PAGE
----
Under the condition used for measuring the A1R-mediated depression of the inward current (with Cs+-containing pipette solution), the A1R agonists did not affect the background conductance (Fig. 8) and ionotropic glutamate receptor current (Fig. 9). These results suggest that A1R–mGluR1 depression results from specific modulation of mGluR1 signalling.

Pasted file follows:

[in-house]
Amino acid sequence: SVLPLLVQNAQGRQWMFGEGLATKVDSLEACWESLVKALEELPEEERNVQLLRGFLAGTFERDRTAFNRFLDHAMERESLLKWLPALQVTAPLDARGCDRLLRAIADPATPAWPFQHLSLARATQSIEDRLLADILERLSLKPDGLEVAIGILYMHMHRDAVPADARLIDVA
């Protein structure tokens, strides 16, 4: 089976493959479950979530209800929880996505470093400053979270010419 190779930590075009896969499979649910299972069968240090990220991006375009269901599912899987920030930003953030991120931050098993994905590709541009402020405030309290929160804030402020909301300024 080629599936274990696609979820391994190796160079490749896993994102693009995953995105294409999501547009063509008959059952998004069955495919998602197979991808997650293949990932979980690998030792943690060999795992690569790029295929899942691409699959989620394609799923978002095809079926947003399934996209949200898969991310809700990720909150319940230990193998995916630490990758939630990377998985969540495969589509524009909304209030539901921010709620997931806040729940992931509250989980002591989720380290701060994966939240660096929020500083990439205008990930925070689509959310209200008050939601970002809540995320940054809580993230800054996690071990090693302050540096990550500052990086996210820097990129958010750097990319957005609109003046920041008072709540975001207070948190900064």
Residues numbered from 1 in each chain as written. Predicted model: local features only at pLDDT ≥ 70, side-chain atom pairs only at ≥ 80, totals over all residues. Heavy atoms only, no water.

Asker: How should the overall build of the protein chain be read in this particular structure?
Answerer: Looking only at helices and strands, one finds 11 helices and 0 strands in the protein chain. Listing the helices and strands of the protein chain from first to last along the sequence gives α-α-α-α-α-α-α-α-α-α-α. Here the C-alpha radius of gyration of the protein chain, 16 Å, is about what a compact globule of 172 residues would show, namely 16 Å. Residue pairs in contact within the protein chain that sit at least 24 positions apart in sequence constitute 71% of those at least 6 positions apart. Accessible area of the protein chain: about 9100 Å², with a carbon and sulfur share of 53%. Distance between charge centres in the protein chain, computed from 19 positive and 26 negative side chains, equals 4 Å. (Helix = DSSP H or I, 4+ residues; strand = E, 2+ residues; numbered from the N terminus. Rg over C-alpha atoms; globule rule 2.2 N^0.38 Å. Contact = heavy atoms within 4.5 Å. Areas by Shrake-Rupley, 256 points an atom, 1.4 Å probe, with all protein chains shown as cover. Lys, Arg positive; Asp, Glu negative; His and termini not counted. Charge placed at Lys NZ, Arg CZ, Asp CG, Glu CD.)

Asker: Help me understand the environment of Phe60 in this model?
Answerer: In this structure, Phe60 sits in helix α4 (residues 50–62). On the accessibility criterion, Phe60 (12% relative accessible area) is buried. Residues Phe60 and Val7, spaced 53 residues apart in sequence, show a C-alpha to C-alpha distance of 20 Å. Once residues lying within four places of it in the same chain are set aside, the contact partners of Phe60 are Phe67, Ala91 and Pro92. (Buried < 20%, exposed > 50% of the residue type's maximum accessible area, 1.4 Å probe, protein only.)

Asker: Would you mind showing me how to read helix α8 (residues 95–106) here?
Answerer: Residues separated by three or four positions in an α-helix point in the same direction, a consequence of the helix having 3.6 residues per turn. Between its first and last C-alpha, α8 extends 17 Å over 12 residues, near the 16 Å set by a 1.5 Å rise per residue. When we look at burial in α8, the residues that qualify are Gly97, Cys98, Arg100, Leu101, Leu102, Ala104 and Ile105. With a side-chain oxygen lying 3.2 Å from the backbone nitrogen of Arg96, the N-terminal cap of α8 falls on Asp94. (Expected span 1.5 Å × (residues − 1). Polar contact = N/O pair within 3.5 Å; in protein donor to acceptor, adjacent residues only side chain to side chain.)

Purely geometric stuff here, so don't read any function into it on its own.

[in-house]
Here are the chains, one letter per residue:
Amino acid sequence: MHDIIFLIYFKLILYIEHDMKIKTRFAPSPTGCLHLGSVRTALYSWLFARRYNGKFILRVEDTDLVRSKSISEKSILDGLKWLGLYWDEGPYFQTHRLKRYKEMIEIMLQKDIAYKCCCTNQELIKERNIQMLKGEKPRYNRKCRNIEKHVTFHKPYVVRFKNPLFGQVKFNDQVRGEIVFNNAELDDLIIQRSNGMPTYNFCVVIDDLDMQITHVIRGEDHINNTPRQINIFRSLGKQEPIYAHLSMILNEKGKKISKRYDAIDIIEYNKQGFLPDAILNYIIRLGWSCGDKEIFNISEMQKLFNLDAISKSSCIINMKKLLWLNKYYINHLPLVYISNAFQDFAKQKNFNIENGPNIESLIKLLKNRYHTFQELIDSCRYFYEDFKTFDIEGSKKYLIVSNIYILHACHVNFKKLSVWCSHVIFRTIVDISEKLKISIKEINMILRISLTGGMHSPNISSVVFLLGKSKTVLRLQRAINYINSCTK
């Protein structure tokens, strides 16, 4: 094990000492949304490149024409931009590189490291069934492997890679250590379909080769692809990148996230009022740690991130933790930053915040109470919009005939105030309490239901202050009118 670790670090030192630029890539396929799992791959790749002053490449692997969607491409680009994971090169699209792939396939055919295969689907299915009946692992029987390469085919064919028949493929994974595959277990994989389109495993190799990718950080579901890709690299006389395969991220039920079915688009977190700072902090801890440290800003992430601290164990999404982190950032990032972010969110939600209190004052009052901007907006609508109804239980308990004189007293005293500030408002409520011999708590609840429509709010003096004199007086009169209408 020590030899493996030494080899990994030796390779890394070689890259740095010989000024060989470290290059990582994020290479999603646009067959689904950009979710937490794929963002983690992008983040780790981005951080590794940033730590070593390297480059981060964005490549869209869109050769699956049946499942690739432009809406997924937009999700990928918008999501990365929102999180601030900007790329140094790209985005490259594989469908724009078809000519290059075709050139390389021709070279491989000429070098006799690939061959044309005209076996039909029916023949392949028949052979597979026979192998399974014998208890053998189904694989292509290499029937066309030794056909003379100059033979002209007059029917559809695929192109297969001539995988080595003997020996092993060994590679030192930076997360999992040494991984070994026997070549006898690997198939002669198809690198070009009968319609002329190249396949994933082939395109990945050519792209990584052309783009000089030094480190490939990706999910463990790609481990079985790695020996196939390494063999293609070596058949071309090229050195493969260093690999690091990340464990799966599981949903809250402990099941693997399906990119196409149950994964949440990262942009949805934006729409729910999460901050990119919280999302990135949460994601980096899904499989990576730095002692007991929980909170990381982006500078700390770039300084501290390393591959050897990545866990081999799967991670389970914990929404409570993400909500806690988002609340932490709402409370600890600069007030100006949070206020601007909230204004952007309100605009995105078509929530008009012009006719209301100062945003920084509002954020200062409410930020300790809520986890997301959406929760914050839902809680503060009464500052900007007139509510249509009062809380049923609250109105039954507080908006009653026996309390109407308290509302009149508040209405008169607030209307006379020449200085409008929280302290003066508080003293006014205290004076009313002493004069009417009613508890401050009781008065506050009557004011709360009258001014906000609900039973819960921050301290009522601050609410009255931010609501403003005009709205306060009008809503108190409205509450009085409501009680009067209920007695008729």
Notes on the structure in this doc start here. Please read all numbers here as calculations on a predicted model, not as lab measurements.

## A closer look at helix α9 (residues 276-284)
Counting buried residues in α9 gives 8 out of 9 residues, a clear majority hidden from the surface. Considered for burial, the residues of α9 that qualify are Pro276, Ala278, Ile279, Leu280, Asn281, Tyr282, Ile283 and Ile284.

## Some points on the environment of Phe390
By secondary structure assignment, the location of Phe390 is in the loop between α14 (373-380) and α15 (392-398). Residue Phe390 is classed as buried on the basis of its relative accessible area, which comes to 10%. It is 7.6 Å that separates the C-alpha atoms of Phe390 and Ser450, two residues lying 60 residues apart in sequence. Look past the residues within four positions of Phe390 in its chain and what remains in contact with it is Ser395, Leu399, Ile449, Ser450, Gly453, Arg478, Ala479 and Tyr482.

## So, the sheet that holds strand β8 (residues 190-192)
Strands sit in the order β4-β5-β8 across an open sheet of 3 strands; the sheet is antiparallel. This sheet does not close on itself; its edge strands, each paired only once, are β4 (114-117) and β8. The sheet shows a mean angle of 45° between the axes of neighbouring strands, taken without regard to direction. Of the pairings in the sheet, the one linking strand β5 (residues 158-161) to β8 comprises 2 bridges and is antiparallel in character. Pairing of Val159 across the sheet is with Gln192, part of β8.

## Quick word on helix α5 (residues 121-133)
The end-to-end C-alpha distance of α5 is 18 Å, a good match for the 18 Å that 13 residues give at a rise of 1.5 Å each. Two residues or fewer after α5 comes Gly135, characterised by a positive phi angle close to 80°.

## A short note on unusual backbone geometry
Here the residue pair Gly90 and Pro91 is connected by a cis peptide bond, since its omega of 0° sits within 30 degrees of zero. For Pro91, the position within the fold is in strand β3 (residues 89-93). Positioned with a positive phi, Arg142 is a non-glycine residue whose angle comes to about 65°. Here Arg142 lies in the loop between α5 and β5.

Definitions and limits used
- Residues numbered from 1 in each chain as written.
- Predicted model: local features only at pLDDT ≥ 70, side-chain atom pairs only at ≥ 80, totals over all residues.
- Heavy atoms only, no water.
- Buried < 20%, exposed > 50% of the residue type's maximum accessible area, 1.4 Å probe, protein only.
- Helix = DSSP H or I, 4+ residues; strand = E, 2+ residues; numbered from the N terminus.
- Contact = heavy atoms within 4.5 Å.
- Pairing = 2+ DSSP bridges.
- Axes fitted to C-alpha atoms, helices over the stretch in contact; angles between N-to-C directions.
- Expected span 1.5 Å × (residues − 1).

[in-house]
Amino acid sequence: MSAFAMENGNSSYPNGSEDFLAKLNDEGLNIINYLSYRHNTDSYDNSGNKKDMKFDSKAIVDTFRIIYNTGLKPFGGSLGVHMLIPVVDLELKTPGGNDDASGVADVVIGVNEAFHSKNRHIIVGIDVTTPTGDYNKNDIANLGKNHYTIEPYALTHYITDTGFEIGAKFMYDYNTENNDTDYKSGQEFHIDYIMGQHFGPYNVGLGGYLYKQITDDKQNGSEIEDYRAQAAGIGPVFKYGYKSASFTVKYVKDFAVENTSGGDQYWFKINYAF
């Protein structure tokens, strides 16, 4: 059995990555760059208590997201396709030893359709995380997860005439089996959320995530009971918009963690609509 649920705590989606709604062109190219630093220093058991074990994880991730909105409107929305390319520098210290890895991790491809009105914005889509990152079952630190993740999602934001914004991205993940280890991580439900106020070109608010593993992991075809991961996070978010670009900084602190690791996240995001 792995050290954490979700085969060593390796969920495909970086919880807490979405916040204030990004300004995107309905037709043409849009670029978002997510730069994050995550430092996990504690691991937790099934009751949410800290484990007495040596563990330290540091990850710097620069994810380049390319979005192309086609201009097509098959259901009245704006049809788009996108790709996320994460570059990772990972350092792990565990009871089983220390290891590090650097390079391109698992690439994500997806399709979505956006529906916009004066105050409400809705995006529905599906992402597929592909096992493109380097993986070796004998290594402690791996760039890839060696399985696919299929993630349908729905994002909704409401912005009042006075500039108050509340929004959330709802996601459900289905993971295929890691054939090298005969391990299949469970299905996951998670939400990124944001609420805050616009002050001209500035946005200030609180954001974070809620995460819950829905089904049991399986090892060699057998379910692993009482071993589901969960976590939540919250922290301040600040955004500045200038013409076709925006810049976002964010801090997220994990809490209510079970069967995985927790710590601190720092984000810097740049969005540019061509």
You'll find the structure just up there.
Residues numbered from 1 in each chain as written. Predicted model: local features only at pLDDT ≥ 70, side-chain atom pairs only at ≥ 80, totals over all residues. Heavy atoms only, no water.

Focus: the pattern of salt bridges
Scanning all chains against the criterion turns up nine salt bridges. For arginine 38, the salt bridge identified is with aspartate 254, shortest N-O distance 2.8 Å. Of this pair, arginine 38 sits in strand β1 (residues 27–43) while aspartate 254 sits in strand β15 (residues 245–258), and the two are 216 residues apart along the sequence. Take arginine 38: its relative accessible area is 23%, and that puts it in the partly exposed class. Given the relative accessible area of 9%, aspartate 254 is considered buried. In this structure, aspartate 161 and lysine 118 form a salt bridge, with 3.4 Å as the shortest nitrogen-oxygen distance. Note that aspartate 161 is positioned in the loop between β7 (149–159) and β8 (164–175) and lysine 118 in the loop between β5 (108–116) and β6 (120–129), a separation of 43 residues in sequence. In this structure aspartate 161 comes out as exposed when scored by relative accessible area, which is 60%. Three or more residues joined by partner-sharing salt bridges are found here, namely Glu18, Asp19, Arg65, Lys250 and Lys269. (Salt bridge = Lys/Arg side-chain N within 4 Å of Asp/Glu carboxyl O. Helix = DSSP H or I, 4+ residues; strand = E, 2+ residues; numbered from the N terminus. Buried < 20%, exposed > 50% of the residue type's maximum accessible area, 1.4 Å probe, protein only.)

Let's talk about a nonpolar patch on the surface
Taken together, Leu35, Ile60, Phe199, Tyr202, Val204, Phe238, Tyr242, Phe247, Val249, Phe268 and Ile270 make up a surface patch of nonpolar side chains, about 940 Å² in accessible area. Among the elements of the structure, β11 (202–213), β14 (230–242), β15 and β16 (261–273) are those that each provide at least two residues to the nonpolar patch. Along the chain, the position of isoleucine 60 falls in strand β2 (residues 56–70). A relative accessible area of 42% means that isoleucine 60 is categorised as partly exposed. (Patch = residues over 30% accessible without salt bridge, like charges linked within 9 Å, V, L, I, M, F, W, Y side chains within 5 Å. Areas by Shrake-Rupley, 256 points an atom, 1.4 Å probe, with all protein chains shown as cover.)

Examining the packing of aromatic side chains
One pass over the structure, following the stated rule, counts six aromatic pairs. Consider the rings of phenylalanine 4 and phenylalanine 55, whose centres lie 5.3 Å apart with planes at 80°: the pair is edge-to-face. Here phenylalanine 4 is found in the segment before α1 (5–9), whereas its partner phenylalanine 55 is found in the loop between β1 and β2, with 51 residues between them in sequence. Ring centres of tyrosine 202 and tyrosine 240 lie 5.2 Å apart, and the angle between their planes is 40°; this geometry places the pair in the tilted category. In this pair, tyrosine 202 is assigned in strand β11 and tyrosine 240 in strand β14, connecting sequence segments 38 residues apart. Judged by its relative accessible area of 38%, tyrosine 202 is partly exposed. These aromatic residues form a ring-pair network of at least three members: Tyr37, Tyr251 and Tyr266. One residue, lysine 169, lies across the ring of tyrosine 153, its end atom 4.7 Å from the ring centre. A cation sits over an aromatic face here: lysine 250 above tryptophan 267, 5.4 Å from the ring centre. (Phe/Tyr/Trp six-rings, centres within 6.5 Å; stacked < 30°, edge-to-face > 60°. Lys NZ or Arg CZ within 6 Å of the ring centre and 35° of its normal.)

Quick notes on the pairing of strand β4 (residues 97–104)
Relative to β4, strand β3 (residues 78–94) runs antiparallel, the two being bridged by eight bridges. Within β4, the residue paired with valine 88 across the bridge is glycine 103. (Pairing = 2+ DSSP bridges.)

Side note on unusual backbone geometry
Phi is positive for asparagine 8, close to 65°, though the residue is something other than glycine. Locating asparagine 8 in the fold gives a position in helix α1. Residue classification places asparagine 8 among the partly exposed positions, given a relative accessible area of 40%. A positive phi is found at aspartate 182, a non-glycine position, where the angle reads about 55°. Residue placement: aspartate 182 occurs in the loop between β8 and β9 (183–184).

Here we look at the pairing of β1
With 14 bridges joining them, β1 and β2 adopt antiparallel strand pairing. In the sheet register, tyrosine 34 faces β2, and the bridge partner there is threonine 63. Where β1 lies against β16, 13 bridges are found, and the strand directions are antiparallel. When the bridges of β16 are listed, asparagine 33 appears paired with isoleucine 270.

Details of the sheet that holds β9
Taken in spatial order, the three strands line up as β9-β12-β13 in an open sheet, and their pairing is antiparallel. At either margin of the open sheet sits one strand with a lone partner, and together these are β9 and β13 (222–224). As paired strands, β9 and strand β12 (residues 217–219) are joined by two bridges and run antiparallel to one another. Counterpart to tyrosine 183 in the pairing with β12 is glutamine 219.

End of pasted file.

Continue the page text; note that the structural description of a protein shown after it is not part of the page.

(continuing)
A1R activation depressed both the inward current (Fig. 1) and the [Ca2+]i rise (Fig. 11) which are mediated by different downstream signalling molecules and effectors (see Introduction) without the aid of the major G proteins, the primary diffusible messengers linking GPCRs to remote targets (see above). Thus, A1R–mGluR1 depression might depend on a local molecular interaction that modulates the early step of the mGluR1 signalling cascade. The detailed molecular dissection of mechanisms linking A1R and mGluR1 is outside the scope of this study. Here we discuss some possibilities implied by the existing observations. There are increasing reports (Jordan & Devi, 1999; Bouvier, 2001; Ciruela et al. 2001; Ferre et al. 2002; Tabata et al. 2004; Kubo & Tateyama, 2005) that various GPCRs form hetero-oligomers in which one constituent modulates the other, presumably through direct interaction. Some studies (Ciruela et al. 2001; Ferre et al. 2002) suggests that A1R can form complexes with and functionally interact with mGluR1 in the heterologous system. Such direct interaction could occur in Purkinje cells, whereas it is uncertain at present. In an attempt to assess the possibility of complex formation between A1R and mGluR1 in mouse cerebellar neurons, we performed immunoprecipitation assay in the synaptosomal fraction of the cerebellum lysate (Supplemental text and Supplemental Fig. 1). This attempt was hindered because the total amount of A1R protein in the starting material was already low (Supplemental Fig. 1A) and decreased below the threshold of detection after fractionation (Supplemental Fig. 1B). The possibility of complex formation should be re-addressed in future with new tools and techniques. Another possible mechanism is that non-G protein intermediate molecules link A1R and mGluR1. Recently, various transmembrane and cytosolic proteins have been found to interact with and modulate GPCRs (Bockaert et al. 2004). The involvement of such a protein remains to be explored in future.